In a typical DCT apparatus, it is the speed of the arithmetic circuit 1104 that basically determines the overall speed of the apparatus, since the arithmetic circuit 1104 is the most complex.
The arithmetic circuit 1104 of FIG. 77 is typically implemented by breaking the arithmetic process down into several stages as described hereinafter with reference to FIG. 78. A single circuit is then built that implements each of these stages 1114, 1148, 1152, 1156 using a pool of common resources, such as adders and multipliers. Such a circuit 1104 is mainly disadvantageous due to it being slower than optimal, because a single, common circuit is used to implement the various stages of circuit 1104. This includes a storage means used to store intermediate results. Since the time allocated for the clock cycle of such a circuit must be greater or equal to the time of the slowest stage of the circuit, the overall time is potentially longer than the sum of all the stages.
FIG. 78 depicts a typical arithmetic data path, in accordance with the apparatus of FIG. 77, as part of a DCT with four stages. The drawing does not reflect the actual implementation, but instead reflects the functionality. Each of the four stages 1144, 1148, 1152, and 1156 is implemented using a single, reconfigurable circuit. It is reconfigured on a cycle-by-cycle basis to implement each of the four arithmetic stages 1144, 1148, 1152, and 1156 of the 1-D DCT. In this circuit, each of the four stages 1144, 1148. 1152, and 1156 uses pool of common resources (e.g. adders and multipliers) and thus minimises hardware.
However, the disadvantage of this circuit is that it is slower than optimal. The four stages 1144, 1148, 1152, and 1156 are each implemented from the same pool of adders and multipliers. The period of the clock is therefore determined by the speed of the slowest stage, which in this example is 20 ns (for block 1144). Adding in the delay (2 ns each) of the input and output multiplexers 1146 and 1154 and the delay (3 ns) of the flip-flop 1150, the total time is 27 ns. Thus, the fastest this DCT implementation can run at is 27 ns.
Pipelined DCT implementations are also well known. The drawback with such implementations is that They require large amounts of hardware to implement. Whilst the present invention does not offer the same performance in terms of throughput, it offers an extremely good performance/size compromise, and good speed advantages over most of the current DCT implementations.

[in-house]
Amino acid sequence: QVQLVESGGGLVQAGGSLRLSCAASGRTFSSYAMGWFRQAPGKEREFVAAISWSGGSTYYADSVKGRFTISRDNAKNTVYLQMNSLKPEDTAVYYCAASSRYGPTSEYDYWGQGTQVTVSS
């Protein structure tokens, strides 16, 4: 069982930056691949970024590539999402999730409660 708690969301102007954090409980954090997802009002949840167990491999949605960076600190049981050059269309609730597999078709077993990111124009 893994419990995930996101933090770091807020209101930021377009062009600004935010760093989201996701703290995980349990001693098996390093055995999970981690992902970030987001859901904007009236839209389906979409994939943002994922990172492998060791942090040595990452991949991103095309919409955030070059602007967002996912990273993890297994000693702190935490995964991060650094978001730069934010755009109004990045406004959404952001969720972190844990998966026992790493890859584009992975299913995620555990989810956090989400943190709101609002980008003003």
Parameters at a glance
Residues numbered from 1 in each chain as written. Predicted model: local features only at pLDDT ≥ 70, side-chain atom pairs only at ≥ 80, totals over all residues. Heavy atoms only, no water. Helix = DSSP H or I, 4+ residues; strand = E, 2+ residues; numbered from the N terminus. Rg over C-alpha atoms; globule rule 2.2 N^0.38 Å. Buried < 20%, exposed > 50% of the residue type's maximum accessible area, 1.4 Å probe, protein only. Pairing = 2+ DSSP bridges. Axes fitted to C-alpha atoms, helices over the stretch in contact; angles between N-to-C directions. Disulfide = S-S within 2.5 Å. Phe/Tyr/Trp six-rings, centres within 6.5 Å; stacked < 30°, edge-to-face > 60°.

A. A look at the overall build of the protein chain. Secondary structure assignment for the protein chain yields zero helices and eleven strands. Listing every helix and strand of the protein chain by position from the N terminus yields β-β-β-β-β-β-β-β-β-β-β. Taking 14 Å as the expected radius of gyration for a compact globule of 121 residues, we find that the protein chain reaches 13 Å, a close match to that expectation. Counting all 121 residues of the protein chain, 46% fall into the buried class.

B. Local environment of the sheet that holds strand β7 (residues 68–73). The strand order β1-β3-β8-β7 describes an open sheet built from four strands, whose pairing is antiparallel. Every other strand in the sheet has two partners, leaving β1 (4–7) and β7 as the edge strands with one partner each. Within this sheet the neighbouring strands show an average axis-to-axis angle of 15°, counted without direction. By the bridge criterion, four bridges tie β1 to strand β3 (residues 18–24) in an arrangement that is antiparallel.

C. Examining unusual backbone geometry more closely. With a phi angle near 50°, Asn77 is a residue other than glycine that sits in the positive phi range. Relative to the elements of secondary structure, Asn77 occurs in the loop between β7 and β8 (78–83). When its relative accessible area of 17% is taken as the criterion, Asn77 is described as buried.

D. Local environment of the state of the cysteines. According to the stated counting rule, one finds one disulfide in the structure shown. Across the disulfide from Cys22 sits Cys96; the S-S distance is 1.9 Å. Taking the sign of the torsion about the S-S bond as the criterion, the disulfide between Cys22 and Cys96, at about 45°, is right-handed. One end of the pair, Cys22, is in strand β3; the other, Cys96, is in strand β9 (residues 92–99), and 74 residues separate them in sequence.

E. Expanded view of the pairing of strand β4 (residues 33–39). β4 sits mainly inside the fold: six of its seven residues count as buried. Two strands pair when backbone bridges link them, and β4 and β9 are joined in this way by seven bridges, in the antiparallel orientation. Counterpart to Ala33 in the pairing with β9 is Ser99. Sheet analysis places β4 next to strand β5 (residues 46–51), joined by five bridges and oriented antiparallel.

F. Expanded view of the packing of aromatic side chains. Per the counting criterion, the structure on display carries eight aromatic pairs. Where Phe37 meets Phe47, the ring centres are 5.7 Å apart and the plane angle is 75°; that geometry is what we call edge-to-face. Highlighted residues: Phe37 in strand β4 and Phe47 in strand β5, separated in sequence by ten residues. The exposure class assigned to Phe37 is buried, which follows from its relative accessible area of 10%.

FIG. 79 shows a block diagram of the preferred form of discrete cosine transform unit utilized in the JPEG coder 241 (FIG. 2) where pixel data is inputted to an input circuit 1126 which captures an entire row of 8-bit pixel data. The transpose memory 1118 converts row formatted data into column formatted data for the second pass of the two dimensional discrete cosine transform algorithm. Data from the input circuit 1126 and the transpose memory 1118 is multiplexed by multiplexer 1124, with the output data from multiplexer 1124 presented to the arithmetic circuit 1122. Results data from the arithmetic circuit 1122 is presented to the output circuit 1120 after the second pass of the process. The control circuit 1116 controls the flow of data through the discrete cosine transform apparatus.
During the first pass of the discrete cosine transform process row data from the image to be transformed. or transformed image coefficients to be transformed back to pixel data is presented to the input circuit 1126. During this first pass, the multiplexer 1124 is configured by the control circuit 1116 to pass data from the input circuit 1126 to the arithmetic circuit 1122.
Turning to FIG. 80. there is shown the structure of the arithmetic circuit 1122 in more detail. In the case of performing a forward discrete cosine transform, the results from the forward circuit 1138 which is utilized to calculate the forward discrete cosine transform is selected via the multiplexer 1142, which is configured in this way by the control circuit 1116. When an inverse discrete cosine transform is to be performed, the output from the inverse circuit 1140 is selected via the multiplexer 1142, as controlled by the control circuit 1126. During the first pass, after each row vector has been processed by the arithmetic circuit 1122 (configured in the appropriate way by control circuit 1116), that vector is written into the transpose memory 1118. Once all eight row vectors in an 8×8 block have been processed and written into the transpose memory 1118, the second pass of the discrete cosine transform begins.
During the second pass of either the forward or inverse discrete cosine transforms, column ordered vectors are read from the transpose memory 1118 and presented to the arithmetic circuit 1122 via the multiplexer 1124. During this second pass, the multiplexer 1124 is configured by the control circuit to ignore data from the input circuit 1136 and pass column vector data from the transpose memory 1118 to the arithmetic circuit 1122. The multiplexer 1142 in the arithmetic circuit 1122 is configured by the control circuit 1116 to pass results data from the inverse circuit 1140 to the output of the arithmetic circuit 1122. When results from the arithmetic circuit 1122 are available, they are captured by the output circuit 1120 under direction from the control circuit 1116 to be outputted sometime later.